Today, young Ghanaians are keeping the protest fire burning after weeks of protesting and sending direct order to those in power to their jobs and #FixTheCountry.
Prevented by a court from taking their outrage to the streets, the convenors of the campaign and their supporters have been keeping the campaign alive with their online protests.
By providing a seeming united front, they are proving that they will not allow the campaign that started with hashtag become empty with no concrete achievements.
To keep the conversation going, the convenors asked their supporters to engage in another online protest today.
Using the hashtag #DearGhana, the protestors are to send an open letter to the country.
The letter could be in any format, poetry, sign language, performance or installation art and a good old written letter.
Which ever way, you want to send a letter to Ghana, you can do so.
A number of protestors have responded to the call and have already sent out a number of #DearGhana posts.
People are expressing their concerns, hopes and aspirations for a country that works for everyone and not only those with money or are in close proximity to state power or authority.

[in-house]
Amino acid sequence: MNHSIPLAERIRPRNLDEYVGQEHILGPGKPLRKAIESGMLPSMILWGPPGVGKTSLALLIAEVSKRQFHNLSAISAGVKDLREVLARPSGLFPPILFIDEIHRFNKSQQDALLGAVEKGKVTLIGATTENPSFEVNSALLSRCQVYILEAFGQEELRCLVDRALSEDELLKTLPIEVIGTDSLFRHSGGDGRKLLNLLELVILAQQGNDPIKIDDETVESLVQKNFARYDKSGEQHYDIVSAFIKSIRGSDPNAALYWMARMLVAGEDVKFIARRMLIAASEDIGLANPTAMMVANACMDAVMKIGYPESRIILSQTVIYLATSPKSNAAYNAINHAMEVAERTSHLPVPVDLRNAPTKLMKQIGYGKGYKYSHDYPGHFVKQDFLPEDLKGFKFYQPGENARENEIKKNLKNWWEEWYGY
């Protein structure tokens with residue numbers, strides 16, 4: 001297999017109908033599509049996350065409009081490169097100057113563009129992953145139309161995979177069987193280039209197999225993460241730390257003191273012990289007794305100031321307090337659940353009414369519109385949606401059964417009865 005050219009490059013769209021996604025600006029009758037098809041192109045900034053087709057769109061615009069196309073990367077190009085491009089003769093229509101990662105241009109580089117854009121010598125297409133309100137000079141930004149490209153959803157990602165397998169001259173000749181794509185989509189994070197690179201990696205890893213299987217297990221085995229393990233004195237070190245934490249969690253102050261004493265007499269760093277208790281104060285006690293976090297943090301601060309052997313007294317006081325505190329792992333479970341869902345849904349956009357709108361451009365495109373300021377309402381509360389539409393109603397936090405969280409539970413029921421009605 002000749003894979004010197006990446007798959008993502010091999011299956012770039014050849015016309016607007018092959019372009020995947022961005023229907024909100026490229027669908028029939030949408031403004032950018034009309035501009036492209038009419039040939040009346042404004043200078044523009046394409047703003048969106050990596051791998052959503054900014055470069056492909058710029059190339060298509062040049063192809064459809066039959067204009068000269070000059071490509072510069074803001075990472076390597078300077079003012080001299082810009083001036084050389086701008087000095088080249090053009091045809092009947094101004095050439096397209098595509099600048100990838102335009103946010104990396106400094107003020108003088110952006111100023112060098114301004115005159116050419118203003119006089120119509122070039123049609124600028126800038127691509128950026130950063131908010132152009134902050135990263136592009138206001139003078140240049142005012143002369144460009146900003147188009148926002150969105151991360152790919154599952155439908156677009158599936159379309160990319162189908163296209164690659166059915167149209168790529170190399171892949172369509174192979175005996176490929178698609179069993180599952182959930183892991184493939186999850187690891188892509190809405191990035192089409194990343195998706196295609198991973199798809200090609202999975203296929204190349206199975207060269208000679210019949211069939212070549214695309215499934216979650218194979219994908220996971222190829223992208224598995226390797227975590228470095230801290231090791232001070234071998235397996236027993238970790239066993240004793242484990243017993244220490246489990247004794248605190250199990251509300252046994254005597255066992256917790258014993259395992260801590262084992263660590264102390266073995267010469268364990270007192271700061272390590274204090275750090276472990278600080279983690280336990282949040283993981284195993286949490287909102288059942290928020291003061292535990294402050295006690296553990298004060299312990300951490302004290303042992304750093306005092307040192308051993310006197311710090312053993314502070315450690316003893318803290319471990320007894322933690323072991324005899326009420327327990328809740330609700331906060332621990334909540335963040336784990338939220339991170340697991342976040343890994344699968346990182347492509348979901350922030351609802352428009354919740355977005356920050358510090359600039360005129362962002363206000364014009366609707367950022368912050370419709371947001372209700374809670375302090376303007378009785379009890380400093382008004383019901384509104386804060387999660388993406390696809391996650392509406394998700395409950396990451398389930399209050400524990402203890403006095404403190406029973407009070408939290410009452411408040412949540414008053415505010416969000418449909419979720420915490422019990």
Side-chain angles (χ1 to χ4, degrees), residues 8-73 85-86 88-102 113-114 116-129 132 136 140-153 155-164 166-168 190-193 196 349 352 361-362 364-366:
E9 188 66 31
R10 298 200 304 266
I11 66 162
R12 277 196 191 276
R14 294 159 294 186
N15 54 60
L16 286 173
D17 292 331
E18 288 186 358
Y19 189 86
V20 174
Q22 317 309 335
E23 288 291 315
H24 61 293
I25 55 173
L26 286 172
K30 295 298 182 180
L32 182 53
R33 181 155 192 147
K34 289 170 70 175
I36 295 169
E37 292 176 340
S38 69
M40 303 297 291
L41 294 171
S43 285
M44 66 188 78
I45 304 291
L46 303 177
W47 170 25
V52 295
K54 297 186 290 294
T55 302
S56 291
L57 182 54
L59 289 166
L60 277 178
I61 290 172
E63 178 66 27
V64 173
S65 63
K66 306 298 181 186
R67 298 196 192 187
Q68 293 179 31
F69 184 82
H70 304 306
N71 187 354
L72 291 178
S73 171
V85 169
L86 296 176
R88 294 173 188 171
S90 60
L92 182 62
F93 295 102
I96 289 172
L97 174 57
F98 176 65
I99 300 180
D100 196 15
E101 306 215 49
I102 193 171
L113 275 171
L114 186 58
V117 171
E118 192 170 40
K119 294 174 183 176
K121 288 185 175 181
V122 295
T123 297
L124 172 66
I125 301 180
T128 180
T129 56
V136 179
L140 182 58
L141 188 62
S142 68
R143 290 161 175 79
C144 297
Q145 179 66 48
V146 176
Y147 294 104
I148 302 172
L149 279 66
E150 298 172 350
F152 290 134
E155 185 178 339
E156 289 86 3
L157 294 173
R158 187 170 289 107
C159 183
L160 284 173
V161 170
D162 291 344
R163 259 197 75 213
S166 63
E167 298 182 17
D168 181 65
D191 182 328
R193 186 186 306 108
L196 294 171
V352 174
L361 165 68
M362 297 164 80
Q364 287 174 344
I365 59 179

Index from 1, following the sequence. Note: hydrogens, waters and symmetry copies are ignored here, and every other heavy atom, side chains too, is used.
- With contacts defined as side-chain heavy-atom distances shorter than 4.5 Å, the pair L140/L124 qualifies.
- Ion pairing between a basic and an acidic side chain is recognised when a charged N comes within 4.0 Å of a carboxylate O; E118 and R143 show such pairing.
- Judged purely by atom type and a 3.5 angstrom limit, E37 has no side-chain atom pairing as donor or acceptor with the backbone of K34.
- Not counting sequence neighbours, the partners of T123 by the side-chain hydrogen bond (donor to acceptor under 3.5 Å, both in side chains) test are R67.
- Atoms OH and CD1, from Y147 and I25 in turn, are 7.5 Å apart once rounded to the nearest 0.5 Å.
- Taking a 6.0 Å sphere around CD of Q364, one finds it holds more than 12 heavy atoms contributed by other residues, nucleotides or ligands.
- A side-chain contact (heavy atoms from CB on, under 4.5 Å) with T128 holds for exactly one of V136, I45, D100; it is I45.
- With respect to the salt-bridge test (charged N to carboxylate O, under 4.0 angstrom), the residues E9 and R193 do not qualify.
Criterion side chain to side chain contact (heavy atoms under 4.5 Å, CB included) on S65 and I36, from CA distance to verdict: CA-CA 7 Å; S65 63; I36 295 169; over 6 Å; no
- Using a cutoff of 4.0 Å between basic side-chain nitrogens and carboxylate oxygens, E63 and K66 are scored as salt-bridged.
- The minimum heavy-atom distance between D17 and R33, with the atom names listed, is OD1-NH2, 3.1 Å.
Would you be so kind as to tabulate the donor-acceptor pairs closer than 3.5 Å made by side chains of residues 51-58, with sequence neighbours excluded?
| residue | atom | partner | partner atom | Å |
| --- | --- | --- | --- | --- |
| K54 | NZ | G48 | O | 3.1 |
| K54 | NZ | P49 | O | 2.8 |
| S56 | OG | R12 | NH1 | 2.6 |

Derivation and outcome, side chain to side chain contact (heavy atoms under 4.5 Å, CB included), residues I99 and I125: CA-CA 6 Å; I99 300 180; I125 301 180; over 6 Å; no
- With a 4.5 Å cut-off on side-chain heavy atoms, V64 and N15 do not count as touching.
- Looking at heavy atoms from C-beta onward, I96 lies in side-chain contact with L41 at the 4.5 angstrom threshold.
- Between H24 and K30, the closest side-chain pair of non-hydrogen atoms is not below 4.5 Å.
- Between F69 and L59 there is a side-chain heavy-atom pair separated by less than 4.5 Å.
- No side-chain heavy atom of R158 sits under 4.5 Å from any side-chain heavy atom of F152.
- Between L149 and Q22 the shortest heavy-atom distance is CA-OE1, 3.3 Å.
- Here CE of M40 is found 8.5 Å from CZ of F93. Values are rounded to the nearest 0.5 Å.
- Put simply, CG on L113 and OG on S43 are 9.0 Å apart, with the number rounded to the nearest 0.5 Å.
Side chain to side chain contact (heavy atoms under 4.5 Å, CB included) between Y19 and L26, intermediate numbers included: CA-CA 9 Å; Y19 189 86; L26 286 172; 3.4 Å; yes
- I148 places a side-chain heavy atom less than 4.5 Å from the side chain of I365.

A country where basic human rights are respected and one wouldn’t have to bargain for it because of their bank accounts.
A country where education, access to affordable quality health care and others are a given and not because of your connections.
A country where students wouldn’t dread the end of their National Service because they know they will more likely end up unemployed or with a low paying exploitative job offer than to be gainfully employed.
You can still join today’s protest if you wish to. The hashtags to use are #DearGhana, #FixOurMotherland, and #FixTheCountry.
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